19 Craig Pike of Craig’s Cookies bikes bags of his freshly baked treats all over the city, tempting pop-up shoppers wherever he goes (until May 2018 you can find him at Williams Sonoma at Yorkdale). His bonkers biscuits stuffed with sugary childhood vices (Oreos, Mars Bar bites, Reese’s peanut butter cups) put shortbread to shame. From $22 a dozen.


Ardo’s Olive oil

20 Instead of blindly plucking the prettiest bottle off the shelf, let Ardo’s chef Roberto Marotta choose for you. He imports Mastri di San Basilio’s Due Sicile and sells it at his King East restaurant. The bold blend of oils from Sicily’s native Nocellara del Belice and Moresca olives adds just the right finishing touch to a creamy caprese or crusty sourdough. $23. 243 King St. E., 647-347-8930,


Ed’s Real Scoop’s Hot fudge sauce

21 The weather may suggest it’s not ice cream season, but there’s no wrong time for a sundae when there’s a jar of parlour-quality chocolate or caramel in the pantry. Ed’s Real Scoop’s sine qua non sauces are a must to have around for any sudden, urgent sugar cravings. $7.50. Four Toronto locations,


Lindsey Bakes’ Gingerbread mug toppers

22 Lindsey Gazel of Lindsey Bakes is the Picasso of piping bags. Using icing and food colouring, she turns sugar cookies into works of art. Her teeny gingerbread houses—minimalist in design, maximalist in cuteness—are made to perch on the rims of mugs filled to the brim with coffee or hot cocoa. $6 each. Available at Sam James locations in December,


White Lily Diner’s Hot sauce

23 White Lily’s house-made sauce flows from the bottle easily, but it won’t cauterize your taste buds unless you overdo it: the heat comes from a blend of fermented espelette peppers and Portugal chilies, giving just the right amount of burn to the diner’s all-day breakfasts, patty melts and pork chops. $7. 678 Queen St. E., 416-901-7800,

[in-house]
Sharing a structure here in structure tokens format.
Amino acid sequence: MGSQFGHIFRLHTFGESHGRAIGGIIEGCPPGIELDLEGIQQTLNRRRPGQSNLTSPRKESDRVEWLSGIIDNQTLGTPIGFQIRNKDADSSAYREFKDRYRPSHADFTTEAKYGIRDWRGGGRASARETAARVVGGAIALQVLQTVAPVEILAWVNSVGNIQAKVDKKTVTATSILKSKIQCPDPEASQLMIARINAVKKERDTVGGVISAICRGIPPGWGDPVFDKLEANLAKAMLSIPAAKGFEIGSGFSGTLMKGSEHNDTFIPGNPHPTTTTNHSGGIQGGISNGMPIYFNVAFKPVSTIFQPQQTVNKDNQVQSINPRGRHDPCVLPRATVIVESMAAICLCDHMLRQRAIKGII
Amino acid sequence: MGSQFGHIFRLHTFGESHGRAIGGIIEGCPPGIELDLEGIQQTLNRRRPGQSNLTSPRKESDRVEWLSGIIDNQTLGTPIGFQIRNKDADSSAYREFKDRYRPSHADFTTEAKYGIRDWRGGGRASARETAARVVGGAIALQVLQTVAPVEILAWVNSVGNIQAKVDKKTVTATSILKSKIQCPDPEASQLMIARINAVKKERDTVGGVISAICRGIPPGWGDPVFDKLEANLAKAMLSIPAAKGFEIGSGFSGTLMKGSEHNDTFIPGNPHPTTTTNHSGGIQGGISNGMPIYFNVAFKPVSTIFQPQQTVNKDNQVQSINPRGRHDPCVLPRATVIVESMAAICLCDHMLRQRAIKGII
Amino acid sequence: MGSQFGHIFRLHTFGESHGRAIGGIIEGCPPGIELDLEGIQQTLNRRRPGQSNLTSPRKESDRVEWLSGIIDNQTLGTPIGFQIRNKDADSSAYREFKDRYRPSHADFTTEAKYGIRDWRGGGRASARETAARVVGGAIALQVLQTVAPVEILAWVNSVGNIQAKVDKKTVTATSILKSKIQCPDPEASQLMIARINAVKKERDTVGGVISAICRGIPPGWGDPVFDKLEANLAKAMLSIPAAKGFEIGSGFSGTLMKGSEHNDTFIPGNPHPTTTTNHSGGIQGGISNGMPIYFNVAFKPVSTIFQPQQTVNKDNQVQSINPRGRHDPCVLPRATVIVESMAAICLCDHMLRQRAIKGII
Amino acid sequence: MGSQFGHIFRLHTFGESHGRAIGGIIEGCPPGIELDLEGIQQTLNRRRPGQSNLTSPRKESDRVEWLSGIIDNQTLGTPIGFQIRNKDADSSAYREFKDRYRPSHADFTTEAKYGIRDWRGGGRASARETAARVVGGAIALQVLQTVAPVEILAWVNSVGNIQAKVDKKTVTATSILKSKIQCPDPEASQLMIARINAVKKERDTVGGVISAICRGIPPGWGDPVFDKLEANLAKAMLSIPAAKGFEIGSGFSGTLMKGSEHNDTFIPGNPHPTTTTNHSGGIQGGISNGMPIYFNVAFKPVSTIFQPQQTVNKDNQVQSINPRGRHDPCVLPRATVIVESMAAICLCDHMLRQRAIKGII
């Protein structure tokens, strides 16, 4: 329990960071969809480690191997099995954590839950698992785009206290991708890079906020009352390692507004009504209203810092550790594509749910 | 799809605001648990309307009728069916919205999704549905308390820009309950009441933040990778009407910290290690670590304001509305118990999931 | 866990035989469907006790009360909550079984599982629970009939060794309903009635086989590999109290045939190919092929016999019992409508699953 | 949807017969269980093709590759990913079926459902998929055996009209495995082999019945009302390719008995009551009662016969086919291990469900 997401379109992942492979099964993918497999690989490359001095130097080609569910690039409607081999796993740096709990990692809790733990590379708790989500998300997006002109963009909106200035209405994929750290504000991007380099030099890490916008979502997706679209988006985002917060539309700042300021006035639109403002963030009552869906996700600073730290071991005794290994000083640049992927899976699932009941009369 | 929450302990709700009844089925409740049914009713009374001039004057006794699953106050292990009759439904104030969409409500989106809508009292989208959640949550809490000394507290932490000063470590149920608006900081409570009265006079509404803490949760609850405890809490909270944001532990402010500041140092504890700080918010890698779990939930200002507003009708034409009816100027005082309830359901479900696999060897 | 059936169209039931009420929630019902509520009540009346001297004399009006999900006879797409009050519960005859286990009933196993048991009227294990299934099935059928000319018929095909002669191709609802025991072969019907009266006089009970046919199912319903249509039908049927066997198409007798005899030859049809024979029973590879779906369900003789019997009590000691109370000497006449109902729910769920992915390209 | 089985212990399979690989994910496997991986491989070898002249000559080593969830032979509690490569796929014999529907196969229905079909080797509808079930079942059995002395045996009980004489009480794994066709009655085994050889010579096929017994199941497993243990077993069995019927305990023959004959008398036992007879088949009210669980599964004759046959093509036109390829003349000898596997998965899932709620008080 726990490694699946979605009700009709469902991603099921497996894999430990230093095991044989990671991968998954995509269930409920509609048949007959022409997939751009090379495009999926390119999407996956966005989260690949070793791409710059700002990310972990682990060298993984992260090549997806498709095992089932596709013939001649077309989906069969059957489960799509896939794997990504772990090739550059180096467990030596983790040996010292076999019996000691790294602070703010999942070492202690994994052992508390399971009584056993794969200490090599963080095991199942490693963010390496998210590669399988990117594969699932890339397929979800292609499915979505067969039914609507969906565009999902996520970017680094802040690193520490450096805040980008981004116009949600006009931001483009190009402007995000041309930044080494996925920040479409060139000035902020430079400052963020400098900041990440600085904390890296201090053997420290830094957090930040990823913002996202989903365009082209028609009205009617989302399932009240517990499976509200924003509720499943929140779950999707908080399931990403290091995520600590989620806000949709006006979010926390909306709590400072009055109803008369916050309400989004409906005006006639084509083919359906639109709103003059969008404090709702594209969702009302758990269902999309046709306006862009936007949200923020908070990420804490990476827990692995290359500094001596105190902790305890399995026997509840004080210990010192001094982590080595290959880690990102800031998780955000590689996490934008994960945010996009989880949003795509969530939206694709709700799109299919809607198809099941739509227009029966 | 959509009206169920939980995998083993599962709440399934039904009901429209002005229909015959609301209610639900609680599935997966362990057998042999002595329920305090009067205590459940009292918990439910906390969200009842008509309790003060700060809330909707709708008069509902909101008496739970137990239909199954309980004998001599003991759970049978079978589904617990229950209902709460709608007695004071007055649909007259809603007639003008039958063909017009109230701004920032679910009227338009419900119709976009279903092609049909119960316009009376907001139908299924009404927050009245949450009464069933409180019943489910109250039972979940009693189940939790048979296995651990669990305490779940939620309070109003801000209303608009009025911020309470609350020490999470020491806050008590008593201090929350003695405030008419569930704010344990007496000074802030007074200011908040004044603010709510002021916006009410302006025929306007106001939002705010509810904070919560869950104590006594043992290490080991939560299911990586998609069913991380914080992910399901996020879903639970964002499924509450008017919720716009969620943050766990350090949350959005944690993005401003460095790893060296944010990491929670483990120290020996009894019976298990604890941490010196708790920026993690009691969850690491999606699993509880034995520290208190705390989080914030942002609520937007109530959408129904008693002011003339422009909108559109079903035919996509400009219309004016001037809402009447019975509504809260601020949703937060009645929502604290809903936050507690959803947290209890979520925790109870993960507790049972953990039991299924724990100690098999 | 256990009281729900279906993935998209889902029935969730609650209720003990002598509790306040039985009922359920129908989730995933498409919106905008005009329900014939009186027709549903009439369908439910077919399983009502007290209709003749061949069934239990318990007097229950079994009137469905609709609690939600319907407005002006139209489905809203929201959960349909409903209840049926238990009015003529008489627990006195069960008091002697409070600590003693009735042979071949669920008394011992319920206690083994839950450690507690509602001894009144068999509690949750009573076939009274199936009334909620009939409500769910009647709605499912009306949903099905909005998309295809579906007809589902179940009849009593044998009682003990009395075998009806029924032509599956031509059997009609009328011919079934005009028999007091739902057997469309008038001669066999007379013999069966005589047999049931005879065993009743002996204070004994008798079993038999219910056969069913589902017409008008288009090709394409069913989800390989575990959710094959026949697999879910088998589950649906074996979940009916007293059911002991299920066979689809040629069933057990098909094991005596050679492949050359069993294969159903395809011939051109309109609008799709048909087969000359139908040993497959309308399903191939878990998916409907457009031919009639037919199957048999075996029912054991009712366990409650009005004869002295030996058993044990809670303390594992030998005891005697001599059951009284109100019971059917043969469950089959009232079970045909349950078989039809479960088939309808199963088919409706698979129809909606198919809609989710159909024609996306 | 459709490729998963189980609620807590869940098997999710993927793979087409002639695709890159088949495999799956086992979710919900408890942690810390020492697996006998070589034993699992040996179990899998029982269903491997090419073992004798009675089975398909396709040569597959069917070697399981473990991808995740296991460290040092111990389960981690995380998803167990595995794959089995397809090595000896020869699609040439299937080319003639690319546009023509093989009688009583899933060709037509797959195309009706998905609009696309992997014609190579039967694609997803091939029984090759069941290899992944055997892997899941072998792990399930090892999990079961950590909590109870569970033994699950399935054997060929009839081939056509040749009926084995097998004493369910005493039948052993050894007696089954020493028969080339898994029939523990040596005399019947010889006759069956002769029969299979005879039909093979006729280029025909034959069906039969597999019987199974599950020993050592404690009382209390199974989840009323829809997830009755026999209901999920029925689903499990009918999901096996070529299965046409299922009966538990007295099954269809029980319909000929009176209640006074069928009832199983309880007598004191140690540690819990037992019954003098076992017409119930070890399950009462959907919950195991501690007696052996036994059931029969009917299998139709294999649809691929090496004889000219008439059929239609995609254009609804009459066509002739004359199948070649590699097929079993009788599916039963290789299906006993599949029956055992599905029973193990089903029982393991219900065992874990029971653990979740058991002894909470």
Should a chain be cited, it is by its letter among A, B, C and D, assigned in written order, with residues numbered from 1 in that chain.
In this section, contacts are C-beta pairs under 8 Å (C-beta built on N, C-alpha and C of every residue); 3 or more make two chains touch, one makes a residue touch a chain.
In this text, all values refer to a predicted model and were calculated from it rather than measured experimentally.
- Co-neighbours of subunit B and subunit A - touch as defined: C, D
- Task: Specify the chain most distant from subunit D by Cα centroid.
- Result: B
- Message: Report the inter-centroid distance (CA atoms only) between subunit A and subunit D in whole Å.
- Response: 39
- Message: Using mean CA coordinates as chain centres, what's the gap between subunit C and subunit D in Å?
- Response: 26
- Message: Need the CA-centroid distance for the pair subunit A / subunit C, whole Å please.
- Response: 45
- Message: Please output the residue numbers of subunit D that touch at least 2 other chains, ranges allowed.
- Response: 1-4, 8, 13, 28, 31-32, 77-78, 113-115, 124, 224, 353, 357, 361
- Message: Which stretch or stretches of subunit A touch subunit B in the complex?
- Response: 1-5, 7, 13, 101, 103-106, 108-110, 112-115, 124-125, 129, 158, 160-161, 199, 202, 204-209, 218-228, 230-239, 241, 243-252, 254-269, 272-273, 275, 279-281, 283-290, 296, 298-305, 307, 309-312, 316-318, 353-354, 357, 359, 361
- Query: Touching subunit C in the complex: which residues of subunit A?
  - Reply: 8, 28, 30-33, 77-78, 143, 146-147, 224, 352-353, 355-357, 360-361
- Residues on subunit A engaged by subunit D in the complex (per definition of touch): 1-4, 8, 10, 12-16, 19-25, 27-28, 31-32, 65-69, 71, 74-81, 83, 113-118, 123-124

Blackbird Baking Co.’s Granola

24 These bags from Kensington’s Blackbird Baking Co. are brimming with toasted oats, nuts, seeds, raisins and what we can only assume to be fairy dust—because anything that gets a sprinkling of this crunchy topper instantly turns magically delicious. Warning: product can be habit-forming. From $12. 172 Baldwin St., 416-546-2280,


Forno Cultura’s Panettone

25 Panettone fatigue can be a real threat this time of year, when prepackaged loaves are passed off as the real deal. Don’t be fooled. Forno Cultura’s is the best specimen we’ve come across in this city, and, like everything else in the King West bakeshop, it’s meticulously fussed over. The golden domes are studded with dried fruit and grappa-fortified raisins, and topped with an amaretti crust. Available November 15 to December 31. $30. 609 King St. W., 416-603-8305,


Eastbound’s Crowlers of craft beer

26 For the beer geek on your list, Riverside’s Eastbound Brewing Co. is the first brewery in Toronto to sell crowlers, 950-mL cans of beer that fit nicely into a bike basket—unlike their heavier, breakable cousin, the growler. (They even sell oversize cozies for them.) You can probably squeeze two of them in a stocking—just don’t try hanging it on the mantel. $9 and up ($6 for a cozy.) 700 Queen St. E., 416-901-1299,

Foodie Holiday Market’s (Insert great gift find here)

27 Didn’t see what you wanted on this list? Think you can find something better? Well, visit our third-annual Foodie Holiday Market at the Toronto Botanical Gardens on December 16 and 17, and maybe you can! Tickets are on sale now—get yours before they’re gone.

Photography credit